The history of organised University cricket at Cambridge stretches back over 150 years, and for several decades towards the end of the nineteenth century the University team was ranked among the three or four best sides in the country. Although stricter admissions policies, the ever increasing importance of success in the tripos examinations and the growing professionalism of the game at its highest level have together reduced the importance of University cricket, the Cambridge XI, along with its Oxford counterpart, retains first-class status, remains capable of springing the occasional surprise on county sides and continues as of old to produce players of international calibre.
Students of Cambridge cricket will find much of interest in the archives. The earliest scoring books, membership and financial records cover periods crucial to the development of the club, while in more recent times, extensive correspondence of both Treasurer and Fixtures Secretary illustrate both the numerous problems involved in running a first-class cricket team with essentially amateur resources, and the many hours of devoted work put in by senior and junior club officials alike. Further, these correspondence files provide an interesting insight into the relations between various senior clubs and national institutions at the heart of English cricket: the Marylebone Cricket Club, and the Test and County Cricket Board.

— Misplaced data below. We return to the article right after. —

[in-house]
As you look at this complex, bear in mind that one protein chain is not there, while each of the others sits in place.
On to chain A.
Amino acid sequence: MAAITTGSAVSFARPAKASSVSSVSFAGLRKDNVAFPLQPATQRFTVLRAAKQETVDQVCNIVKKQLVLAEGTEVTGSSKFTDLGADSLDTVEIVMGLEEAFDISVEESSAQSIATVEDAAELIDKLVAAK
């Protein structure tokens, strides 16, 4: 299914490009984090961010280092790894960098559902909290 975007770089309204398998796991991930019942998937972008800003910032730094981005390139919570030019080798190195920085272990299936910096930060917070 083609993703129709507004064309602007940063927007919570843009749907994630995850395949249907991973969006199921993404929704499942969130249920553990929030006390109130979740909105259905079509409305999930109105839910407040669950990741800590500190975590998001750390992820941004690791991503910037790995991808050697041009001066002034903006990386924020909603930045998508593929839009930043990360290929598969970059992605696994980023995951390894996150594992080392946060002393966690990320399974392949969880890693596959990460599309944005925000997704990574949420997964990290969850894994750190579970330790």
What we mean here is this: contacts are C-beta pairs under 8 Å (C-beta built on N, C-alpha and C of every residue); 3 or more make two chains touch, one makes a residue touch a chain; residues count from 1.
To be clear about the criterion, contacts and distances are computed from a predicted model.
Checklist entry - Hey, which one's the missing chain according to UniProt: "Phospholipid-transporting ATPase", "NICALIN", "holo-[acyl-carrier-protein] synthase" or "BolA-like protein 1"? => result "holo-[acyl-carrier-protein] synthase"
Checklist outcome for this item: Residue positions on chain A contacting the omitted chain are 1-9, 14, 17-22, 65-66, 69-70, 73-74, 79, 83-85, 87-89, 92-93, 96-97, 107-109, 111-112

The records catalogued as I/1-46, 90, II/1-6, III/1-82, IV-VIII were deposited by the Club in 1990; II/7-11, III/90-100 were deposited in 1996; I/47-52, 55-9, 101-2, 110-1 by G. Phillips [? on behalf of the Club] in 2007; II/11 (addnl), II/12, III/6 (addnl), IV/9-10 were deposited by John Pollard, Trinity Hall, in 2011. The records deposited by the Club are on indefinite loan. The records deposited by John Pollard are a gift.